Google has started to block “annoying” and “disruptive” ads by default on its Chrome browser.
The changes, announced in April last year, took effect on Thursday.
Google Chrome vice president Rahul Roy-Chowdhury said in a blog post: “Feedback has shown that a big source of frustration is annoying ads: video ads that play at full blast or giant pop-ups where you can’t seem to find the exit icon.
“These ads are designed to be disruptive and often stand in the way of people using their browsers for their intended purpose—connecting them to content and information.
“It’s clear that annoying ads degrade what we all love about the web.”
He said Chrome will “stop showing all ads on sites that repeatedly display these most disruptive ads after they’ve been flagged”.
Chrome is used by more than half of all worldwide internet users, according to online analytics tool Statcounter.
Ads are deemed “disruptive” based on the Better Ad Standards guidelines from industry group Coalition for Better Ads.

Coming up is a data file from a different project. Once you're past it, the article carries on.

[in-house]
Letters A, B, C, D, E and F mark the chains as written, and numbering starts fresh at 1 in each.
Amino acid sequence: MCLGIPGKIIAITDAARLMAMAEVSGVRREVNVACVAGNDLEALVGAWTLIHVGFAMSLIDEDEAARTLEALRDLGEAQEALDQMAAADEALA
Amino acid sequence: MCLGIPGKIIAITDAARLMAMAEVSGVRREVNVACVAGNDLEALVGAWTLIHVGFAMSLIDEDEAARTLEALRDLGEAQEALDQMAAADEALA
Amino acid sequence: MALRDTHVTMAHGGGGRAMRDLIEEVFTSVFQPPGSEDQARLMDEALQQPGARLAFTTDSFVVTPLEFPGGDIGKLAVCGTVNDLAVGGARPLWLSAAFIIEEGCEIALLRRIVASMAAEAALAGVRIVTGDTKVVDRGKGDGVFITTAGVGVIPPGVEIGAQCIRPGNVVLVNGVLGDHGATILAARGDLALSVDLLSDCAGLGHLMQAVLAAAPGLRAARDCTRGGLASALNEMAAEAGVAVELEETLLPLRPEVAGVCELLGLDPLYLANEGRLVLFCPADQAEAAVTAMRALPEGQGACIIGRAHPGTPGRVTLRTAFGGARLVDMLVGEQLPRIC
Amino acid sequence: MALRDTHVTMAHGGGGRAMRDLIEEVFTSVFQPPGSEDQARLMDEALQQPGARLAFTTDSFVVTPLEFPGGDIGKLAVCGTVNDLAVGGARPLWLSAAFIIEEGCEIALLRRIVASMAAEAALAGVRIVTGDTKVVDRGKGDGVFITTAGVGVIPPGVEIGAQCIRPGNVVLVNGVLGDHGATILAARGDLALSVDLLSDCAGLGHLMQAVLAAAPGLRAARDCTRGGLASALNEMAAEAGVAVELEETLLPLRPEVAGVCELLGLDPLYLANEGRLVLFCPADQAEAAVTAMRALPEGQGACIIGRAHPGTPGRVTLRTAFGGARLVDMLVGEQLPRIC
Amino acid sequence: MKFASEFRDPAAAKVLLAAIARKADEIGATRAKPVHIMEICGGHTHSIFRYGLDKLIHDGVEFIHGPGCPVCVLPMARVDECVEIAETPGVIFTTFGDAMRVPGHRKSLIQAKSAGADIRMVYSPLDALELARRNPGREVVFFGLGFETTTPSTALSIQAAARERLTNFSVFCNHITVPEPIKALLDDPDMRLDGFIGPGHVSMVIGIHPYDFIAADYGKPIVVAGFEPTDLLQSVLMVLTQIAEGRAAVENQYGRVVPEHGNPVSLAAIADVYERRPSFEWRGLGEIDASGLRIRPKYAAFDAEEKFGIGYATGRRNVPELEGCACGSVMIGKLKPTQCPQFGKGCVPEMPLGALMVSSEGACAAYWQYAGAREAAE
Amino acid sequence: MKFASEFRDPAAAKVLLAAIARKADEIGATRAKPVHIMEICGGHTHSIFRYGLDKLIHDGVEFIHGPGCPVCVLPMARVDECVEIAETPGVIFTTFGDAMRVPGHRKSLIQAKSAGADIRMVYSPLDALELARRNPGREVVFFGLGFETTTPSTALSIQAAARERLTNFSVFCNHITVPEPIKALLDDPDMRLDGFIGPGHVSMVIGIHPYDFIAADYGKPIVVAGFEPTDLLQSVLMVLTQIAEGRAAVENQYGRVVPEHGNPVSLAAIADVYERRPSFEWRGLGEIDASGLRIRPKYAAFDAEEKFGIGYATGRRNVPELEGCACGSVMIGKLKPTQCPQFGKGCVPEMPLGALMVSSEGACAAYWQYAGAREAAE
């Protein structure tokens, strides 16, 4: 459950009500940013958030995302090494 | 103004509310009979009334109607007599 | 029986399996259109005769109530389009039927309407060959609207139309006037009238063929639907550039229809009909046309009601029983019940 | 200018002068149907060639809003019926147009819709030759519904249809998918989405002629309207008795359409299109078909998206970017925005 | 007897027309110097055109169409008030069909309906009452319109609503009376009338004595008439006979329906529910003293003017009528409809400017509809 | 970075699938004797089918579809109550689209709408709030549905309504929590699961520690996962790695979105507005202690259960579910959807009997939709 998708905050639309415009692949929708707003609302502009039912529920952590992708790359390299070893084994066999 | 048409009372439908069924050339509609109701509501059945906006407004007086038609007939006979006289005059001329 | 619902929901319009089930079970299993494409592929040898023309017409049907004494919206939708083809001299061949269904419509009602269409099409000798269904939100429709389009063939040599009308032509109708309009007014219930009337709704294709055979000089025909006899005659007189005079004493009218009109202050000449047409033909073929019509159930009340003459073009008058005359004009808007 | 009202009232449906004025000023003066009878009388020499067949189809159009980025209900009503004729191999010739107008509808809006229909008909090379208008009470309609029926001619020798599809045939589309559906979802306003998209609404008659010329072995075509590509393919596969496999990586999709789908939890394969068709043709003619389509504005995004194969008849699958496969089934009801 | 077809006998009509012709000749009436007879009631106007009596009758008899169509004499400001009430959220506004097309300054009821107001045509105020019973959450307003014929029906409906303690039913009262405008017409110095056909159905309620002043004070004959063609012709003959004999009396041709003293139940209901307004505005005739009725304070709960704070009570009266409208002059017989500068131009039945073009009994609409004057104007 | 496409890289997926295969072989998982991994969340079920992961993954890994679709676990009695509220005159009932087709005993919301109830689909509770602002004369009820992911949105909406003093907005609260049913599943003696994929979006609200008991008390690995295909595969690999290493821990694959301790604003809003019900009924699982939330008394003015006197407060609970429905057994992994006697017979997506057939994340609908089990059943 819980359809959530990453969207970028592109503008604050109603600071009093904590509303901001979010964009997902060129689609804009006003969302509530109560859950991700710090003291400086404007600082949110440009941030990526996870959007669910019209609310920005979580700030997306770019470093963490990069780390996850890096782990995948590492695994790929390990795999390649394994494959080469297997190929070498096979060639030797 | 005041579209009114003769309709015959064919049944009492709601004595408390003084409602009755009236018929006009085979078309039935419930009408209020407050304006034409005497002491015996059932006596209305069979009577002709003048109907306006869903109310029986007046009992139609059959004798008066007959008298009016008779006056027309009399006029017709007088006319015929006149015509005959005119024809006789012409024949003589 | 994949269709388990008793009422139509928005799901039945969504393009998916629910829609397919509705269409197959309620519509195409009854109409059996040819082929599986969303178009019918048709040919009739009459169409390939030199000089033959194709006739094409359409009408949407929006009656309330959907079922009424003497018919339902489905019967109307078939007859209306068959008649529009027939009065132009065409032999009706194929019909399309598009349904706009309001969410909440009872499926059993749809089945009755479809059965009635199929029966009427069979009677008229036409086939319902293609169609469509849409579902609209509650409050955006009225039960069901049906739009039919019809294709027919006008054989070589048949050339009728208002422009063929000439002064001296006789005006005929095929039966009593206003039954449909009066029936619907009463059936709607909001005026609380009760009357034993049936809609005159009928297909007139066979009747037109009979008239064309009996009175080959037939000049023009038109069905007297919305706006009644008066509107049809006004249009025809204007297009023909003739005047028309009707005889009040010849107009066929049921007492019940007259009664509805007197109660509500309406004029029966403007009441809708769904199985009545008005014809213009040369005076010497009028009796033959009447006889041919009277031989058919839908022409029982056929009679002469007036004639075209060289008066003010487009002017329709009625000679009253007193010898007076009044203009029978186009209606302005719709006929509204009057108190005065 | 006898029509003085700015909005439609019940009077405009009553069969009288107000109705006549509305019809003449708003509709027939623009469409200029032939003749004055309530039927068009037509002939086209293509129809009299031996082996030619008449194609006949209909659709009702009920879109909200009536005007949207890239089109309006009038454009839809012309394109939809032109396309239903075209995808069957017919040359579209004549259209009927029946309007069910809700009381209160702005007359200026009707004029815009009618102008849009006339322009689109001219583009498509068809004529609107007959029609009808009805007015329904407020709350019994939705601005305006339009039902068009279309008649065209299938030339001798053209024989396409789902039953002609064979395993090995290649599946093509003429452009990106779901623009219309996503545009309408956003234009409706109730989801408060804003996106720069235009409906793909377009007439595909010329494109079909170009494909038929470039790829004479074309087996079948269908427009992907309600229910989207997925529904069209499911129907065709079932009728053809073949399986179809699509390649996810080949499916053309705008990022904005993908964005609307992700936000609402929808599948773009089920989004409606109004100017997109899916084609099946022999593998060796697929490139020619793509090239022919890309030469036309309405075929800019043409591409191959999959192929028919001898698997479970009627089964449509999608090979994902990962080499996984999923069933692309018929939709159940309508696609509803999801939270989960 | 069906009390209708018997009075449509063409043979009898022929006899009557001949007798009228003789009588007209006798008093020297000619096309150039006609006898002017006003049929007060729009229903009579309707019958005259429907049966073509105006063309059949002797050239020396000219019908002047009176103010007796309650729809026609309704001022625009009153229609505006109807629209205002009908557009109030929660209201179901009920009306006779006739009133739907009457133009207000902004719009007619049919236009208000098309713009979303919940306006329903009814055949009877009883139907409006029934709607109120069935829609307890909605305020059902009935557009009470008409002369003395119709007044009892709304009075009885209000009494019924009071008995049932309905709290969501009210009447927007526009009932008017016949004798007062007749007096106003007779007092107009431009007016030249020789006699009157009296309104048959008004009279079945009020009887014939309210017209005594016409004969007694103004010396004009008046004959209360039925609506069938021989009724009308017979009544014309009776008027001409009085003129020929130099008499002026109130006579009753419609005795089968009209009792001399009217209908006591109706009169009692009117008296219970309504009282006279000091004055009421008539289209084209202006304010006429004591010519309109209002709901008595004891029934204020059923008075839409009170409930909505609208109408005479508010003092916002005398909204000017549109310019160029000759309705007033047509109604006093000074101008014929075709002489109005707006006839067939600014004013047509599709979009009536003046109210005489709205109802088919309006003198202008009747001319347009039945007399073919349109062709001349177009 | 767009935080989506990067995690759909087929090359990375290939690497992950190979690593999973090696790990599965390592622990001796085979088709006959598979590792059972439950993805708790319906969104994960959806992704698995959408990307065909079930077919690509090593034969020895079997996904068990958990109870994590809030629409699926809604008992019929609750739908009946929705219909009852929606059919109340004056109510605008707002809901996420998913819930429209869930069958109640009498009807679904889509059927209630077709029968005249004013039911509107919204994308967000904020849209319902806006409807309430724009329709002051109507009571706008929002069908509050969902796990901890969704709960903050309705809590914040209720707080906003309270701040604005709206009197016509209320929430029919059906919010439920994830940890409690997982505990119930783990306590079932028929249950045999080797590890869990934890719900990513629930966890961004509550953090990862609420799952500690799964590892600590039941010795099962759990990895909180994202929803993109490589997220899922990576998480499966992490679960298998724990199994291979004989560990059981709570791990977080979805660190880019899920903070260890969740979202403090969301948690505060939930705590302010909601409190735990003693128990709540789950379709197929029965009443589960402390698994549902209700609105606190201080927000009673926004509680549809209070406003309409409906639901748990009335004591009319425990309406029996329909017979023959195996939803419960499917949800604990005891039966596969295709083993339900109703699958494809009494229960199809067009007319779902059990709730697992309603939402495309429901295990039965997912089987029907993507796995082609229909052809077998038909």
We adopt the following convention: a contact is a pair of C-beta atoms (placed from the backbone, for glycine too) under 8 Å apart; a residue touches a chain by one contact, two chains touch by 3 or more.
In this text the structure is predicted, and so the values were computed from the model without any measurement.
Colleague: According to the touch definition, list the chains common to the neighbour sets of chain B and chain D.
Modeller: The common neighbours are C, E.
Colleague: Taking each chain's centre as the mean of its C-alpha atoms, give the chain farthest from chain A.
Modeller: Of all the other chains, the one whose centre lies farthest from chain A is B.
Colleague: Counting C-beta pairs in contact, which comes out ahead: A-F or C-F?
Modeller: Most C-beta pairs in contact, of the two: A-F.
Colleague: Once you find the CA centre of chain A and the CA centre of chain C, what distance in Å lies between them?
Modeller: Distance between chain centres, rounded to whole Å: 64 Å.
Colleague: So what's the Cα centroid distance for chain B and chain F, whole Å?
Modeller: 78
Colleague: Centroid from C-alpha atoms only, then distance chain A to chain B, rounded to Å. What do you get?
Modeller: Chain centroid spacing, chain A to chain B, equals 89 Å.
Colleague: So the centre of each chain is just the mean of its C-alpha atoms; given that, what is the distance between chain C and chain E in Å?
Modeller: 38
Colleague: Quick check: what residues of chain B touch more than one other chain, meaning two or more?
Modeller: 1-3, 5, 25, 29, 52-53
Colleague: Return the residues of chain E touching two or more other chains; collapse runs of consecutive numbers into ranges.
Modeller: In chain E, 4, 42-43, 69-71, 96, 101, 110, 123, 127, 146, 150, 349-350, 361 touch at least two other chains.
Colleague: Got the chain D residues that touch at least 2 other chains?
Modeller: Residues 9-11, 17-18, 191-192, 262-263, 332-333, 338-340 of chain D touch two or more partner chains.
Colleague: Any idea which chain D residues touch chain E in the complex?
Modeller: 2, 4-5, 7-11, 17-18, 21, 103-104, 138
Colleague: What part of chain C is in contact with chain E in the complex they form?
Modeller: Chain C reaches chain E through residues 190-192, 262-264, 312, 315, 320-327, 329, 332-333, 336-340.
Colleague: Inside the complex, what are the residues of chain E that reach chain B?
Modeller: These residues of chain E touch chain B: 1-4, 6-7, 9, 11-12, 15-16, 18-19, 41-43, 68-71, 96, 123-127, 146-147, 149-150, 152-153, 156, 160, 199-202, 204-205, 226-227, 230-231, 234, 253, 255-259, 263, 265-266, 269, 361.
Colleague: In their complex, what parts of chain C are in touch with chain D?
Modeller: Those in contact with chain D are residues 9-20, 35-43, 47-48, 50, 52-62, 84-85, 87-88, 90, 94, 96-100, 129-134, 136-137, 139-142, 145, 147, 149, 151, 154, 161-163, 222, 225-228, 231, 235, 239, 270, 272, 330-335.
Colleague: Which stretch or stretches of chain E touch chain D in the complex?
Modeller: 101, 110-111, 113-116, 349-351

Said Roy-Chowdhury: “The web is an ecosystem composed of consumers, content producers, hosting providers, advertisers, web designers, and many others.
“It’s important that we work to maintain a balance—and if left unchecked, disruptive ads have the potential to derail the entire system.
“We’ve already seen more and more people express their discontent with annoying ads by installing ad blockers, but blocking all ads can hurt sites or advertisers who aren’t doing anything disruptive.
“By focusing on filtering out disruptive ad experiences, we can help keep the entire ecosystem of the web healthy, and give people a significantly better user experience than they have today.”
Across the industry, ad-blocking has disrupted news publishers’ ability to create revenue from digital display advertising.
It was said to be putting “severe pressure” on the UK news media industry in the 2016 Digital News Report by the Reuters Institute for the Study of Journalism.
Chrome already blocks pop-ups that open in new tabs and shows warnings before malware pages. It also offers a number of ad-block extensions for the web browser which are provided by third parties.
Google’s move comes after Adblock Plus, the most downloaded online ad-blocking software, launched its Acceptable Ads Platform that whitelists types of adverts – a move described by the Internet Advertising Bureau as “cynical”.
Picture: Reuters/Stephen Lam